Infant Mortality Rate Reaches "Historically Record Low" but Receives Little Fanfare
Earlier this summer, the Centers for Disease Control and Prevention (CDC) published data showing that the U.S. infant mortality rate reached a record-low level of 6.14 infant deaths per 1,000 live births in 2010. Other key findings from "Death in the United States, 2010" show that the infant mortality rate decreased 33.4 percent from 1990 to 2010 and the "decrease in infant mortality from 2009 to 2010 – both in terms of the actual number of infant deaths (1,864 fewer deaths) and in the rate (3.9 percent lower) – represents the largest single-year drop since 1995." This is great news for MCH, and a public health success story deserving national recognition and celebration!
While further study around the causes of the decline in infant mortality are warranted, here are some initial observations:
- Public health efforts supported by the Title V Maternal and Child Health Services Block Grant – along with other critical programs, including Medicaid, WIC, Healthy Start, community health centers, and critical centers of CDC and the National Institutes of Health, are making a difference in saving babies’ lives.
- While we celebrate the declining rate, our progress in reducing persistent disparities between whites and blacks and Native Americans only improved slightly and needs heightened attention to accelerate progress.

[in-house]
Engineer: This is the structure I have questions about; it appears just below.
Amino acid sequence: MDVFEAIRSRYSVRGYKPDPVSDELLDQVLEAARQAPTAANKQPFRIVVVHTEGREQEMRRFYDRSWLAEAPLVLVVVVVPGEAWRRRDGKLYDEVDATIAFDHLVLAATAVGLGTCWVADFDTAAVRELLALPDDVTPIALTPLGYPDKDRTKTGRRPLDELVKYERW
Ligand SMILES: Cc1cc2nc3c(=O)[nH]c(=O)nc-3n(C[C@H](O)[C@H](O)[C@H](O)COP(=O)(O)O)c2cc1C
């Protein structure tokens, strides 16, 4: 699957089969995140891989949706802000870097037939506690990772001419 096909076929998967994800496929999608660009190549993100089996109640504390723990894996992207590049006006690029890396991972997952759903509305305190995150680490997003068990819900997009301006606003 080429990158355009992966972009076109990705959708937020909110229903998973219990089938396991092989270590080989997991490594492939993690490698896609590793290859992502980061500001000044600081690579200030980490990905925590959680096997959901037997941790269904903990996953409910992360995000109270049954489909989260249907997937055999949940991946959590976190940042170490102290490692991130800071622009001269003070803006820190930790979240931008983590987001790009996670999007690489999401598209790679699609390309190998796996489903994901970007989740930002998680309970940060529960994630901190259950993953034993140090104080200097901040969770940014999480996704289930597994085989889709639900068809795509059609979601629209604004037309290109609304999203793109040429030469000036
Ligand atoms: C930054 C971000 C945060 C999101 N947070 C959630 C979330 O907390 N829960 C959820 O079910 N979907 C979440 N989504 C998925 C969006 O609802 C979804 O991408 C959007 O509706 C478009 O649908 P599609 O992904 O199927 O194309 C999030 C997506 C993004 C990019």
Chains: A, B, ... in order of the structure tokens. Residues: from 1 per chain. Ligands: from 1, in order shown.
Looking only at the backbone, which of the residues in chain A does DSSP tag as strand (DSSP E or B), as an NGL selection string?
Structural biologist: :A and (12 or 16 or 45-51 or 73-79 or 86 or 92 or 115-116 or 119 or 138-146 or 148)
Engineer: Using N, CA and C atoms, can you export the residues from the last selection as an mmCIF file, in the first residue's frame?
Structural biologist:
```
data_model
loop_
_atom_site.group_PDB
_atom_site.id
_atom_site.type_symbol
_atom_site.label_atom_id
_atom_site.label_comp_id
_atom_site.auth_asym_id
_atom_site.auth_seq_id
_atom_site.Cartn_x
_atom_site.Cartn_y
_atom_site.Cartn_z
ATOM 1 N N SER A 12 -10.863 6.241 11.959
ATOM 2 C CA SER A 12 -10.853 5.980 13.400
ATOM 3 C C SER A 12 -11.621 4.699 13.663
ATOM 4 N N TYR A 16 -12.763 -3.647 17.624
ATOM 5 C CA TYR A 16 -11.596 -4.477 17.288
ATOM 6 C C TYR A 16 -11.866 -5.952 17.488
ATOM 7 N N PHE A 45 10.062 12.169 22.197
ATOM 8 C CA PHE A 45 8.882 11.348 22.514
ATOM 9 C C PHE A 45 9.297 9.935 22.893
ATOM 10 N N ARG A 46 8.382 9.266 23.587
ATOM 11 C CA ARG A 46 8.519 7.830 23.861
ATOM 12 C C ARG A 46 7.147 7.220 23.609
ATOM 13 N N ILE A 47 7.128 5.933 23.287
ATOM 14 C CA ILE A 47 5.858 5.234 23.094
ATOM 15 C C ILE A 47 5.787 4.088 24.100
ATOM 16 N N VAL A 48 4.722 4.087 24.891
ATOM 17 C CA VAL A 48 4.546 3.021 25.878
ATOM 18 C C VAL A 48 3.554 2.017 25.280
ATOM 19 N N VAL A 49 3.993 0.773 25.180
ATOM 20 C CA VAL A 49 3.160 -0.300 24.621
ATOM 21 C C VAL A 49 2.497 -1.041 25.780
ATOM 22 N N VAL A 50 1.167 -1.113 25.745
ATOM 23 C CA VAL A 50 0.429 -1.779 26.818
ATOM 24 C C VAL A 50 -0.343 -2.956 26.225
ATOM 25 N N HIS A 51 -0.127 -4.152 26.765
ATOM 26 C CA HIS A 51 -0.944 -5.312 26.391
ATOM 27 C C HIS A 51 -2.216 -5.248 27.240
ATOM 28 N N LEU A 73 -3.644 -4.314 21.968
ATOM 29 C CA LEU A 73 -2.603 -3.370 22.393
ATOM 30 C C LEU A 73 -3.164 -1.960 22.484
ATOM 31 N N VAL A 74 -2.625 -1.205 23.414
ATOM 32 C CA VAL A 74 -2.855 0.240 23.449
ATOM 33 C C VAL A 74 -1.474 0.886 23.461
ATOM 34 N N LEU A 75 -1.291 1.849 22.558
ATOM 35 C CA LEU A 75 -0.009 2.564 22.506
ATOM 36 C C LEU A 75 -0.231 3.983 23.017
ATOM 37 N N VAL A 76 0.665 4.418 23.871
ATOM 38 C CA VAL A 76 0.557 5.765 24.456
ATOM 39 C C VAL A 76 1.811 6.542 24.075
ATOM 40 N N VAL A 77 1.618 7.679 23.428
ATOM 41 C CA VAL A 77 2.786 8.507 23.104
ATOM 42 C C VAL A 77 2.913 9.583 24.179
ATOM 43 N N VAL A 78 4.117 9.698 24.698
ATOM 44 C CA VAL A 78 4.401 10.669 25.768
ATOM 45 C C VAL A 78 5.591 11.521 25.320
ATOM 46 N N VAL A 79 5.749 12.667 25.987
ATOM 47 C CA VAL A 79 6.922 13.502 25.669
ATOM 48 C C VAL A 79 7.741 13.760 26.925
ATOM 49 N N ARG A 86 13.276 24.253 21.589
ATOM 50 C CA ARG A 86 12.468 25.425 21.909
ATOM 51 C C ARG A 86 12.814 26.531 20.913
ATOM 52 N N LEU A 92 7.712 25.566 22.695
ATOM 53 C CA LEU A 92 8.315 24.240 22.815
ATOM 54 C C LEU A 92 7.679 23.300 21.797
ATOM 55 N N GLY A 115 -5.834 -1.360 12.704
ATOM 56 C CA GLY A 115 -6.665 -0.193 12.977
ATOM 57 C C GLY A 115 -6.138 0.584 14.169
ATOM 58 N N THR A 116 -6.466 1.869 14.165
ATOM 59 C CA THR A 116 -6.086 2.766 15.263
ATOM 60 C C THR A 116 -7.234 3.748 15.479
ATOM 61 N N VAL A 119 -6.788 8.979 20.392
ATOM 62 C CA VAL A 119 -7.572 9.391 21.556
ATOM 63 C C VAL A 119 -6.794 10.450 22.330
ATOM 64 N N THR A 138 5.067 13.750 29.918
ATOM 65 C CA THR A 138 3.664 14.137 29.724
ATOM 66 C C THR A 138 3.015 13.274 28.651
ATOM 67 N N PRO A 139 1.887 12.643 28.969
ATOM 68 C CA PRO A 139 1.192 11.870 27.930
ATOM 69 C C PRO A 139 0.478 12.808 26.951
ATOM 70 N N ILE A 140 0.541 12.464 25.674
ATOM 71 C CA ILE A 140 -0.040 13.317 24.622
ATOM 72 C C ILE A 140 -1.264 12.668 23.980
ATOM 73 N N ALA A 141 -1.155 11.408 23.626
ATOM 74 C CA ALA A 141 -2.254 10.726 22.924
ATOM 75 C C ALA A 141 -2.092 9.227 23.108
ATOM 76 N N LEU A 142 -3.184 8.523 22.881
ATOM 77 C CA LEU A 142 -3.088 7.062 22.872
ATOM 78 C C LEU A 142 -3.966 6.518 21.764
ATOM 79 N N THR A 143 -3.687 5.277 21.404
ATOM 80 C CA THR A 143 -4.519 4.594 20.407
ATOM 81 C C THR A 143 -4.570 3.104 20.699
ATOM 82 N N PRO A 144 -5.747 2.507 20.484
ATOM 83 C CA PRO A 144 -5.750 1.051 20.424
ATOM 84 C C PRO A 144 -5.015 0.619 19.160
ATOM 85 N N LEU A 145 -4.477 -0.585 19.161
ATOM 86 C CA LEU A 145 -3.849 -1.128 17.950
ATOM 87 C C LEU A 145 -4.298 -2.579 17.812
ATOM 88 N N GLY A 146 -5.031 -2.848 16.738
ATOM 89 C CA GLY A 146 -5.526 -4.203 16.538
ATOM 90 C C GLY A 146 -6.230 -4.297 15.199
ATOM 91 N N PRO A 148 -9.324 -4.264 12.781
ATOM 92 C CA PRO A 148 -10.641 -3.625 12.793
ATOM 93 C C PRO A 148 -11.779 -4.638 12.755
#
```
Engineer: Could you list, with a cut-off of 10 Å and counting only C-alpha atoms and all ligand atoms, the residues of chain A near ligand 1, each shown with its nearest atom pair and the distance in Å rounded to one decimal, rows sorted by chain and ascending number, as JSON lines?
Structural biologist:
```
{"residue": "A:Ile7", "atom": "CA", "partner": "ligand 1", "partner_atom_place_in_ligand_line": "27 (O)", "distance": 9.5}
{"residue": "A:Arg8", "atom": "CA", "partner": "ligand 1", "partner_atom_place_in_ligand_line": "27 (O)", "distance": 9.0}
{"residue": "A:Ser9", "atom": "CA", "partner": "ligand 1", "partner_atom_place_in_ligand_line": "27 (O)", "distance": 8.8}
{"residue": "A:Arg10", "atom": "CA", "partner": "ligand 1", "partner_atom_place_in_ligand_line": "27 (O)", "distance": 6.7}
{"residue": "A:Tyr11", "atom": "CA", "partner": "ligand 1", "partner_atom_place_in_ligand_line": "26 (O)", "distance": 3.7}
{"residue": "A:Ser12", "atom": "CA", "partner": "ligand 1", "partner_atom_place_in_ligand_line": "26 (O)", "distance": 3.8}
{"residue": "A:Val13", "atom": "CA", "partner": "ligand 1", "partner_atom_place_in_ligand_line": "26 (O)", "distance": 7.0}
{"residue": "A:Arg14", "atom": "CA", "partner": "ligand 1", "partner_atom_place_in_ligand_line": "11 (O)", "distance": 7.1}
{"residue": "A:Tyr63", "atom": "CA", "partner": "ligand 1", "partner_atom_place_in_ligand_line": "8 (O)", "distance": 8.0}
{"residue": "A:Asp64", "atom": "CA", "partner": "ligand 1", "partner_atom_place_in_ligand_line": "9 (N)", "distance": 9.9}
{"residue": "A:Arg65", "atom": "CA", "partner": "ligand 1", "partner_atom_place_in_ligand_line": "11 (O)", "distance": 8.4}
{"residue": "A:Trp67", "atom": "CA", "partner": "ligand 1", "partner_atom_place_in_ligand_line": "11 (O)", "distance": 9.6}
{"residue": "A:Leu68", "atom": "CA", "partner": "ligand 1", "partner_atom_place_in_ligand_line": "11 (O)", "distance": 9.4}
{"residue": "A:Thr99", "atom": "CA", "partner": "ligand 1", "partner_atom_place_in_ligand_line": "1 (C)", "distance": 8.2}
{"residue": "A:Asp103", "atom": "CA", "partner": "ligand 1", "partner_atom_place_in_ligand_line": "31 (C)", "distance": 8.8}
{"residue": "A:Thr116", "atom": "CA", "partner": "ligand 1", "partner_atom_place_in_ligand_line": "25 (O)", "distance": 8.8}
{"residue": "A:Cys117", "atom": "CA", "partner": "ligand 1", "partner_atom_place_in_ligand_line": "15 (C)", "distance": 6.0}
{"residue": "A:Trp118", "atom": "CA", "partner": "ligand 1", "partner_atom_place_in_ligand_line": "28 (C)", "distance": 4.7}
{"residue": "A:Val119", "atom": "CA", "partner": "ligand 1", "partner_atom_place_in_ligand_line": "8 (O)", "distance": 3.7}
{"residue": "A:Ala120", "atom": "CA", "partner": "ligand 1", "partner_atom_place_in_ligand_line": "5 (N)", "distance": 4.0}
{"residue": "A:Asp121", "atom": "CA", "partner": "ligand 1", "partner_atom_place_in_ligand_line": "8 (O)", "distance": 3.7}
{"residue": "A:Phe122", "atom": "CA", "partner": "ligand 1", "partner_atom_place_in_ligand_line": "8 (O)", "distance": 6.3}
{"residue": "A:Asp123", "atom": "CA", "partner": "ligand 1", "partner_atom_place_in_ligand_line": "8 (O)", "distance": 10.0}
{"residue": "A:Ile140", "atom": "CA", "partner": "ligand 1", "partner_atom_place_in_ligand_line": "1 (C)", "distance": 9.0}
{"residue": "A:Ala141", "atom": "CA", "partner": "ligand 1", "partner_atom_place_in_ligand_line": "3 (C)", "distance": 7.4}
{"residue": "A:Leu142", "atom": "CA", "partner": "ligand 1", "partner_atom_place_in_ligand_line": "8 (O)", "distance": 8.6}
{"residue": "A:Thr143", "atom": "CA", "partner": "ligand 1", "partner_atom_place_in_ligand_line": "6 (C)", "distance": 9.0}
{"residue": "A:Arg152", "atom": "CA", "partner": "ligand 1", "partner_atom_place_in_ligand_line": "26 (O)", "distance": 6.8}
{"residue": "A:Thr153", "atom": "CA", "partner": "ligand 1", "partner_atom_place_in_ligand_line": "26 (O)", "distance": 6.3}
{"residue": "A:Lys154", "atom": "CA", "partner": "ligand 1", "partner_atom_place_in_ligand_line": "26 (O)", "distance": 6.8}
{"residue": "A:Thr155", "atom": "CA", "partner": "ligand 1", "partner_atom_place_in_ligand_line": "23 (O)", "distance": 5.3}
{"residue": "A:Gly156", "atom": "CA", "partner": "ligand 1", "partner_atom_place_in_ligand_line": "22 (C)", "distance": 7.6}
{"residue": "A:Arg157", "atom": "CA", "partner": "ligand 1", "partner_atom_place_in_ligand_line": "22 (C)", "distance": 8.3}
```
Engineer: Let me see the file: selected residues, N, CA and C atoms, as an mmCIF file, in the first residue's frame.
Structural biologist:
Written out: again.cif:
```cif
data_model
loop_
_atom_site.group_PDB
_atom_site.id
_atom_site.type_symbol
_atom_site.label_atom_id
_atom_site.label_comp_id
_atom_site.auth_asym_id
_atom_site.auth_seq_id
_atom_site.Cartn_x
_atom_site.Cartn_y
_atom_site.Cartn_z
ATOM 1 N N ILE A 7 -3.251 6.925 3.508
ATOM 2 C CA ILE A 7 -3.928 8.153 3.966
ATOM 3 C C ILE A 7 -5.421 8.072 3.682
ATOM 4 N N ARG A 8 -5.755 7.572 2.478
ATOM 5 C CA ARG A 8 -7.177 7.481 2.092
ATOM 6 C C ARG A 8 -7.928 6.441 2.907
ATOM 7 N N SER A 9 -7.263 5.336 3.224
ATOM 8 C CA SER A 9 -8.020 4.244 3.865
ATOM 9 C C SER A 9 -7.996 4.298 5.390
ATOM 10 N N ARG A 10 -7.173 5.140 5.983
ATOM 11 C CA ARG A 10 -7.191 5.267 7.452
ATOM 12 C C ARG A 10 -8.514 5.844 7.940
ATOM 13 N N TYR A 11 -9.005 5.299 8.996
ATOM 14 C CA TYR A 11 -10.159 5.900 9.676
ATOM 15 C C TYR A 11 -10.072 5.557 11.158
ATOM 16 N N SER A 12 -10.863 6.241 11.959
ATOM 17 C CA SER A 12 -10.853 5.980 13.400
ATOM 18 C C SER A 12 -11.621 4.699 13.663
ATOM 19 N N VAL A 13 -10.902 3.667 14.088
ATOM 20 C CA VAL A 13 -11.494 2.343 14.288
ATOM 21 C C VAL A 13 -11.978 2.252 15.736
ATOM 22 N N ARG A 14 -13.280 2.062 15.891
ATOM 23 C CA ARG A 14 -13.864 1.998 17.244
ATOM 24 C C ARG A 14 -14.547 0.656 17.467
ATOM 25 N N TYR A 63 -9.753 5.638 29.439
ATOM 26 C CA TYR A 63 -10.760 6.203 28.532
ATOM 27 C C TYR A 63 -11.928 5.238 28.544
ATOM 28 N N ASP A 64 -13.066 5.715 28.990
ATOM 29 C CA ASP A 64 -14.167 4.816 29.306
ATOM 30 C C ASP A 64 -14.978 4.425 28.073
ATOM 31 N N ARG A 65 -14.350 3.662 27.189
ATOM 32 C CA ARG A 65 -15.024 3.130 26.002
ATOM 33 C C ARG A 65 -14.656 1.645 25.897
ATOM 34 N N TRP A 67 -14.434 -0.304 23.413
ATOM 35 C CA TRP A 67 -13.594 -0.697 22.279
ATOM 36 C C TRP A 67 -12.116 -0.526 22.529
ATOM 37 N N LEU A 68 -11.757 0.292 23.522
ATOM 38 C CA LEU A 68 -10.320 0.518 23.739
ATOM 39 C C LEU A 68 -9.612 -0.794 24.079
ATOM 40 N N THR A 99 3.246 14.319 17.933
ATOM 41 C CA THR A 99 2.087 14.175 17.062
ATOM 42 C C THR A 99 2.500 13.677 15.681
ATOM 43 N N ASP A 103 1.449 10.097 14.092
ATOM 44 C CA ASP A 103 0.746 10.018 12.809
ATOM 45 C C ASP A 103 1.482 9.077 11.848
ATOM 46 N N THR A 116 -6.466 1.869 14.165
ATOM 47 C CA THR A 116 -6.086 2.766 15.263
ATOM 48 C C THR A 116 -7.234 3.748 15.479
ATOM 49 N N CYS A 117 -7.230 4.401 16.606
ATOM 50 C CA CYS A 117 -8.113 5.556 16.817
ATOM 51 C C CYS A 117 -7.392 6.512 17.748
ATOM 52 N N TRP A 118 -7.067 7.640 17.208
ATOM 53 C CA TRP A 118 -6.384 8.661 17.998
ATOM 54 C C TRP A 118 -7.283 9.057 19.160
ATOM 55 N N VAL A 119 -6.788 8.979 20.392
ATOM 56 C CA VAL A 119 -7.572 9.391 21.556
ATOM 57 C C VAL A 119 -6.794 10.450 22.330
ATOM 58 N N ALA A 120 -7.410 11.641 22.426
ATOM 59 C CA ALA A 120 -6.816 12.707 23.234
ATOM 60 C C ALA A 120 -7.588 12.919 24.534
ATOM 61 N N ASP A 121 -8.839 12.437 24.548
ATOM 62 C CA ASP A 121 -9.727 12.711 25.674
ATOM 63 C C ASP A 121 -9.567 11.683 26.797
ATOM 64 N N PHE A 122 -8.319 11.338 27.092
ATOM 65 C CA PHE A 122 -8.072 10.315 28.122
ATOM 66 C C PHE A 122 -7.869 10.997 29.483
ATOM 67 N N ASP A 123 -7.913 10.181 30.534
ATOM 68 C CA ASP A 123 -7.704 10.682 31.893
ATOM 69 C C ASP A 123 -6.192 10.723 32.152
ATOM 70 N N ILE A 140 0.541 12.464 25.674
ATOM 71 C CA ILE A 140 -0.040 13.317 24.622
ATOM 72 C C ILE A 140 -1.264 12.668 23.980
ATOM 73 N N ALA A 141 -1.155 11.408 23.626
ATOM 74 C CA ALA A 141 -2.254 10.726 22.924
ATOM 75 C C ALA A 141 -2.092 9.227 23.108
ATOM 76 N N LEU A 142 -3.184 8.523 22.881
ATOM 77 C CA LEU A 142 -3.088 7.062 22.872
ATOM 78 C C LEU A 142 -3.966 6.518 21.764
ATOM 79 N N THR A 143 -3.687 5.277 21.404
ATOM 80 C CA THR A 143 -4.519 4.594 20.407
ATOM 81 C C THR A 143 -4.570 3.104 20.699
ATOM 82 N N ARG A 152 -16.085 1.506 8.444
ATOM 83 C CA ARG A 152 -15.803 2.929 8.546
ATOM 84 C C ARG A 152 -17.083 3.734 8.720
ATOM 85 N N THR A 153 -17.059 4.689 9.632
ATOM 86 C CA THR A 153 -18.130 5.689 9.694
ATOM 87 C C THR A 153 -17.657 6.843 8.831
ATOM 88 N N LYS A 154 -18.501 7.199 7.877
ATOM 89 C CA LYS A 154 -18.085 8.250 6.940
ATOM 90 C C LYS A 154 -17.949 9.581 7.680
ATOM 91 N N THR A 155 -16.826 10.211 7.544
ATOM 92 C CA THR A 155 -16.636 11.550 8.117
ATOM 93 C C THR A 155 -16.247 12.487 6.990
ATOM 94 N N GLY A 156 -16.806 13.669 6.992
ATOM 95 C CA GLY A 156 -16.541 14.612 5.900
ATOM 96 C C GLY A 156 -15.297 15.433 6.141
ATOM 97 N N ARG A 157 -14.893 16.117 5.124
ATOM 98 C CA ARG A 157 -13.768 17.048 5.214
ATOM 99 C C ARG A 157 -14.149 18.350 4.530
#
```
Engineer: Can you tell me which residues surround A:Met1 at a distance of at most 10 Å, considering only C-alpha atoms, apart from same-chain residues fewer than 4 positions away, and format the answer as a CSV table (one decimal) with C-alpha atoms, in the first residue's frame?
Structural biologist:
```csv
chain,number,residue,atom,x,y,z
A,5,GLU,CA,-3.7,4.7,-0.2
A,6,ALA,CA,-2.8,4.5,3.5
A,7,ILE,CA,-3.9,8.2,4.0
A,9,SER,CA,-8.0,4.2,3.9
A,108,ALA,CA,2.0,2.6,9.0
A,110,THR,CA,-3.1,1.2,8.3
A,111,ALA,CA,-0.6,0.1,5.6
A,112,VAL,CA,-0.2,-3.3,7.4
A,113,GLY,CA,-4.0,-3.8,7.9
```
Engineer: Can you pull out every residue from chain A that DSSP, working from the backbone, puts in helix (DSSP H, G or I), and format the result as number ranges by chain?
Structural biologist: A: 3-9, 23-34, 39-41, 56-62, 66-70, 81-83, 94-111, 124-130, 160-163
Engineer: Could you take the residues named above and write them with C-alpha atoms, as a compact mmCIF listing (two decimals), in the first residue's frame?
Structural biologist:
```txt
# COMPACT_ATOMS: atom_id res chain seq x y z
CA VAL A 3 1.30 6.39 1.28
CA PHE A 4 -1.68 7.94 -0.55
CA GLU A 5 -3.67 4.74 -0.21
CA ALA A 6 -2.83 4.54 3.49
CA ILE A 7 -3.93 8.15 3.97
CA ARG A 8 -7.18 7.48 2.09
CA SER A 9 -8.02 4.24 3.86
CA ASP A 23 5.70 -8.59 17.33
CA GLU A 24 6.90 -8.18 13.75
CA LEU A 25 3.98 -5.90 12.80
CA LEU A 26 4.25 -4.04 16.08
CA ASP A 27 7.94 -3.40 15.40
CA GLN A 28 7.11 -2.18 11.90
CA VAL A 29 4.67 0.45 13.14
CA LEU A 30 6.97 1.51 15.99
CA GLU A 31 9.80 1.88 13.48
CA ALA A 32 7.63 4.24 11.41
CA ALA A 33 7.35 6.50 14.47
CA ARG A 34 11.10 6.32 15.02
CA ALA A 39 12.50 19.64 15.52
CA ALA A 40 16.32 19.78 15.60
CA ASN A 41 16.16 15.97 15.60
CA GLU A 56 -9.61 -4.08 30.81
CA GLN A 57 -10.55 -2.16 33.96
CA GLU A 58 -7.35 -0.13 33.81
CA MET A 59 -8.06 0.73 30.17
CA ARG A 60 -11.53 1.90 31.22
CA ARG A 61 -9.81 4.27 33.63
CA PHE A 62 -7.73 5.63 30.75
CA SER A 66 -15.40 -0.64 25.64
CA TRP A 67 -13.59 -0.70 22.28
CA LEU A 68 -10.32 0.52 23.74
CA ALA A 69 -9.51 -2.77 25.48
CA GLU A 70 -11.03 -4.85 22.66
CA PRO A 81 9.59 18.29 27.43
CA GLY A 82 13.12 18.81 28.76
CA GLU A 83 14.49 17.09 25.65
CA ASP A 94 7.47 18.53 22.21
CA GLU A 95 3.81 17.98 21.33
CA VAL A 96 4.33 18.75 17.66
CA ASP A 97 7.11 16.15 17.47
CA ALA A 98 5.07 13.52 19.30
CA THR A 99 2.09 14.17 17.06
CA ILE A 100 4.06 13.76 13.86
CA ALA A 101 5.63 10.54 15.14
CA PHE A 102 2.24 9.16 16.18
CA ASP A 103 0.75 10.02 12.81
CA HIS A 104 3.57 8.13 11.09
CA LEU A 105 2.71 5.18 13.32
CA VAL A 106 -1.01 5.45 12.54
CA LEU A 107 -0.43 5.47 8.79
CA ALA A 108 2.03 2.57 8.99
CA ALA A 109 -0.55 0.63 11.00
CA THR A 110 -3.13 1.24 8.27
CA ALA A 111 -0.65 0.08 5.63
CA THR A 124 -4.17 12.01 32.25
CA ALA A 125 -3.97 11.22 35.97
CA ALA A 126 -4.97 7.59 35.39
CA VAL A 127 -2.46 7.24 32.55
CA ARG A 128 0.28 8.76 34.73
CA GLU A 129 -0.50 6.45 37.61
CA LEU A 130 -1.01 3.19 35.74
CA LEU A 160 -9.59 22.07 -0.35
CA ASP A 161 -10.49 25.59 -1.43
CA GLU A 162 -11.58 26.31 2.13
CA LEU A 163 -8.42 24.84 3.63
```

- Improvements realized in 2010 reflect investments policymakers made over time. While this improvement is welcome good news, budget cuts coinciding with the economic downturn beginning in 2008 are creating major challenges to sustain this success.
- We need more investigation to determine what the key drivers are in this success, and how we can sustain and accelerate progress to ensure the healthiest possible start for every baby born in the United States.
As this issue of Pulse highlights, there is unprecedented national momentum around improving birth outcomes and reducing infant mortality. Let’s celebrate the recent success in reducing infant mortality and continue to work together to ensure the continuation of this exciting trend!